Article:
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Can EMDR help me if I can't recall specific traumatic memories?

how emdr therapy helps memories

Embarking on a journey toward healing from trauma can be both daunting and hopeful. Often, individuals carry within them memories of past experiences that continue to affect their present lives, even when those memories are not consciously accessible. These implicit memories, stored deep within the subconscious, can manifest in various ways, impacting emotions, behaviors, and relationships. However, Eye Movement Desensitization and Reprocessing (EMDR) that has shown remarkable effectiveness in addressing implicit memories and facilitating healing.


Understanding Implicit Memories for EMDR Memory Recall

Implicit memories are those that are encoded without conscious awareness and can influence thoughts, feelings, and behaviors without individuals fully recognizing their origins. These memories are often formed during traumatic experiences when the brain prioritizes survival mechanisms over conscious processing. Consequently, they may be fragmented, disjointed, or inaccessible to verbal recall.

Examples of Implicit Memories:

Somatic Sensations: Imagine a client who experienced a car accident in childhood. Despite having no conscious memory of the event, they might feel a sudden surge of panic or tension when driving or hearing screeching tires. These bodily sensations represent implicit memories stored in the nervous system, triggering a fight-or-flight response without the person understanding the underlying cause.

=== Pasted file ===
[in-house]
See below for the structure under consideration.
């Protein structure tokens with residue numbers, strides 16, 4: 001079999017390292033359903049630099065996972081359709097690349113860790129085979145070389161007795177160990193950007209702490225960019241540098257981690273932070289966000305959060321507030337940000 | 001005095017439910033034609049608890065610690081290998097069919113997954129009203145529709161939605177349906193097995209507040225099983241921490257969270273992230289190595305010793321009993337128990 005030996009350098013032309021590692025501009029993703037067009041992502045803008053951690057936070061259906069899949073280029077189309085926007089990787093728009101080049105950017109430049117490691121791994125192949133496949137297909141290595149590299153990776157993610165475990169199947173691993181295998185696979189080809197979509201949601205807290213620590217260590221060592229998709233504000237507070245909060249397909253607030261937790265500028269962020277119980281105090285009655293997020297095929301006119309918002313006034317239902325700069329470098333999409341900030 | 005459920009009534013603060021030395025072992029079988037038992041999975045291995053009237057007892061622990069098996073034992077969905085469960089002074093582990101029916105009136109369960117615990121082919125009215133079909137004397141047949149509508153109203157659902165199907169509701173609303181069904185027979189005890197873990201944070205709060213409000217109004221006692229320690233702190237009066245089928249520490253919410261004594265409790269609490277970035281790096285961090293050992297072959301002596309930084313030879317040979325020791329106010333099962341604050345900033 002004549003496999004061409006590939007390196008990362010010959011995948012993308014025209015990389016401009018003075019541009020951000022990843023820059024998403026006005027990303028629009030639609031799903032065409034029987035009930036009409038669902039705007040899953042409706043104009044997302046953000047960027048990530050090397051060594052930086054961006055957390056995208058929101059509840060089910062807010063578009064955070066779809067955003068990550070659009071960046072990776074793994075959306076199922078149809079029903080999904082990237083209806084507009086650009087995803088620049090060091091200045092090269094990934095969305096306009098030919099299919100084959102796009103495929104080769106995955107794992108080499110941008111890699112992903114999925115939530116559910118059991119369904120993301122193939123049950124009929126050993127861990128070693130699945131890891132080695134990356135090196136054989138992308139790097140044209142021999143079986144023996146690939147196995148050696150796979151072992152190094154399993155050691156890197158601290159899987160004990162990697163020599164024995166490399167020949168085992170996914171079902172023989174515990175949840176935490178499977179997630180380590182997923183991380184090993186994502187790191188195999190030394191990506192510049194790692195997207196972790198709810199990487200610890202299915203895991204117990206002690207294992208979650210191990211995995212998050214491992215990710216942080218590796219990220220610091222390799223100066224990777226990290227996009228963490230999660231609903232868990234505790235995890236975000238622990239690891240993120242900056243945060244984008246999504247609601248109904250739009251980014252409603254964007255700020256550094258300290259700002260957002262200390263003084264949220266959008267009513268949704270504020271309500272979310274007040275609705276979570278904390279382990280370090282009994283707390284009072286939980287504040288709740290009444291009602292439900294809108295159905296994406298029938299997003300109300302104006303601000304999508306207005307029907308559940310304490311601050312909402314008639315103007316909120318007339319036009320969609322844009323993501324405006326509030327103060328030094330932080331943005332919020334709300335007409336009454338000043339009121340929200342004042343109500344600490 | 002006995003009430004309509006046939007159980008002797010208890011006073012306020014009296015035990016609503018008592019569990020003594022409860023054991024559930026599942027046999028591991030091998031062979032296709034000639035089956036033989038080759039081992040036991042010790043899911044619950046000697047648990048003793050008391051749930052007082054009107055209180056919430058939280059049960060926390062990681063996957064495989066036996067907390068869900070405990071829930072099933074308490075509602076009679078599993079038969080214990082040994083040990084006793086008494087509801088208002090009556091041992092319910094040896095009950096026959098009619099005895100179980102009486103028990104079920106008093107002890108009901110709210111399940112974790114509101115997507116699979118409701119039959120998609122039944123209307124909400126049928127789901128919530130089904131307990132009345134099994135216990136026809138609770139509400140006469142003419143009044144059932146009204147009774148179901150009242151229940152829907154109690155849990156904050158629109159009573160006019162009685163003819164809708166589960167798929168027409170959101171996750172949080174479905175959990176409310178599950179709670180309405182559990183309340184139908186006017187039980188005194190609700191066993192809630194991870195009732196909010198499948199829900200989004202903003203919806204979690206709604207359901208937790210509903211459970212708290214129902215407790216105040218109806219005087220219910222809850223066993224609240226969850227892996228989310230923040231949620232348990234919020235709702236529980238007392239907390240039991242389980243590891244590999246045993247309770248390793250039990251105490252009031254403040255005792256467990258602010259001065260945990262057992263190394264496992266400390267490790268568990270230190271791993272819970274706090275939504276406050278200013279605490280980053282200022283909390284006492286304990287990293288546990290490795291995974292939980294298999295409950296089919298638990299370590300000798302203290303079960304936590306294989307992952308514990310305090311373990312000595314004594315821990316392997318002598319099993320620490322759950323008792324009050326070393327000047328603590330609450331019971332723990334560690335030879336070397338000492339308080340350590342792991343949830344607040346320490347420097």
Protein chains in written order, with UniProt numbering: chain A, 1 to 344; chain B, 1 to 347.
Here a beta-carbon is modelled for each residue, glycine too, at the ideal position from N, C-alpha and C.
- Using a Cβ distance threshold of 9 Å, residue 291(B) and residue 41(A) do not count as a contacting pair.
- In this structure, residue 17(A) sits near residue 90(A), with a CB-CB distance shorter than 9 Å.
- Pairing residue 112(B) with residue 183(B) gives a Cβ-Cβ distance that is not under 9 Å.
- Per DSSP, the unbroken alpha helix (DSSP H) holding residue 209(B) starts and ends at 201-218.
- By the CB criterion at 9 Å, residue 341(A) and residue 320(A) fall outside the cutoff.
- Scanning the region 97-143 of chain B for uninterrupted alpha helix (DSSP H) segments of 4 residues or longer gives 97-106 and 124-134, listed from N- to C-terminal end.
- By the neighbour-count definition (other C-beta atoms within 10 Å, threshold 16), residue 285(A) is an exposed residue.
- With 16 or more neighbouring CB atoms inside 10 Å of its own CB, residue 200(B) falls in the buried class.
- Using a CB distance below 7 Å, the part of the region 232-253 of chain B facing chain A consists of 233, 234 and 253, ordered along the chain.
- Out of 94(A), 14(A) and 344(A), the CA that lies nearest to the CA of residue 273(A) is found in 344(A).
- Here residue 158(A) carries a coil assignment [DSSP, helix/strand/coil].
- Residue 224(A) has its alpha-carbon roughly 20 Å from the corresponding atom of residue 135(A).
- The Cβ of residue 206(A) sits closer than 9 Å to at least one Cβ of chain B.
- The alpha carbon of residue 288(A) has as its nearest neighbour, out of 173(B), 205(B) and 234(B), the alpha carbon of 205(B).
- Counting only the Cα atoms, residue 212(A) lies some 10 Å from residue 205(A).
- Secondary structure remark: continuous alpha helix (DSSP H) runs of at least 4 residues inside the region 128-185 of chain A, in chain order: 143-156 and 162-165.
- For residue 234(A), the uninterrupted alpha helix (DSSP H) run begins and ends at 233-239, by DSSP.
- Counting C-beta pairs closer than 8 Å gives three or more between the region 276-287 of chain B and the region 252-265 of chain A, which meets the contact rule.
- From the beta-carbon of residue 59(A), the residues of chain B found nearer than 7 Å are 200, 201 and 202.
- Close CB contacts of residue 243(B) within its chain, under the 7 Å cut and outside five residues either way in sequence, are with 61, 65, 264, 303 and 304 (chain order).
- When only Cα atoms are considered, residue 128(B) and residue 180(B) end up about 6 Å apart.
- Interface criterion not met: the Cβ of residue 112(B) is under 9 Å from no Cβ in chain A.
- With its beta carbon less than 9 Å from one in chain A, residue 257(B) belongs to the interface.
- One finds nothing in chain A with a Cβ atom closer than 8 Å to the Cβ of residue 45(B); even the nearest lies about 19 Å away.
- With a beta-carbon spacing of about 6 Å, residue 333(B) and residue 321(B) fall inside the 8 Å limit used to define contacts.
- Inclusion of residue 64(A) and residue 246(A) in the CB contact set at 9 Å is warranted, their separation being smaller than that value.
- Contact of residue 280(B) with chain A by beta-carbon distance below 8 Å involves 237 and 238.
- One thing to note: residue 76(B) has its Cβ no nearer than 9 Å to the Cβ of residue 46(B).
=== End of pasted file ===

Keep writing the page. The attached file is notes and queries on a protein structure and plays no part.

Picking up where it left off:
Emotional Triggers: A person who grew up in a volatile household may find themselves feeling intense fear or anger in seemingly innocuous situations, such as during conflict in their own relationships. These emotional reactions stem from implicit memories of past trauma, influencing their responses without them consciously connecting the dots.


Behavioral Patterns: Consider an individual who witnessed domestic violence as a child. Despite their best efforts to maintain healthy relationships, they may find themselves repeating destructive patterns, such as seeking out partners who exhibit similar abusive behaviors. These behavioral patterns are driven by implicit memories of relational dynamics learned in childhood.


Phobias or Avoidant Behaviors: Someone who experienced a traumatic event in a crowded space may develop a phobia of crowds or avoid crowded places altogether. Even if they cannot recall the specific event, their aversion is driven by implicit memories of danger associated with crowded environments.


Impact of Implicit Memories:

Even though implicit memories may not be consciously recalled, they can significantly impact an individual's life. They may contribute to symptoms of anxiety, depression, PTSD, and other mental health challenges. For instance, a person might experience unexplained triggers, intense emotional reactions, or recurring patterns of behavior without understanding the underlying cause rooted in past trauma.


The Role of EMDR in Addressing Implicit Memories: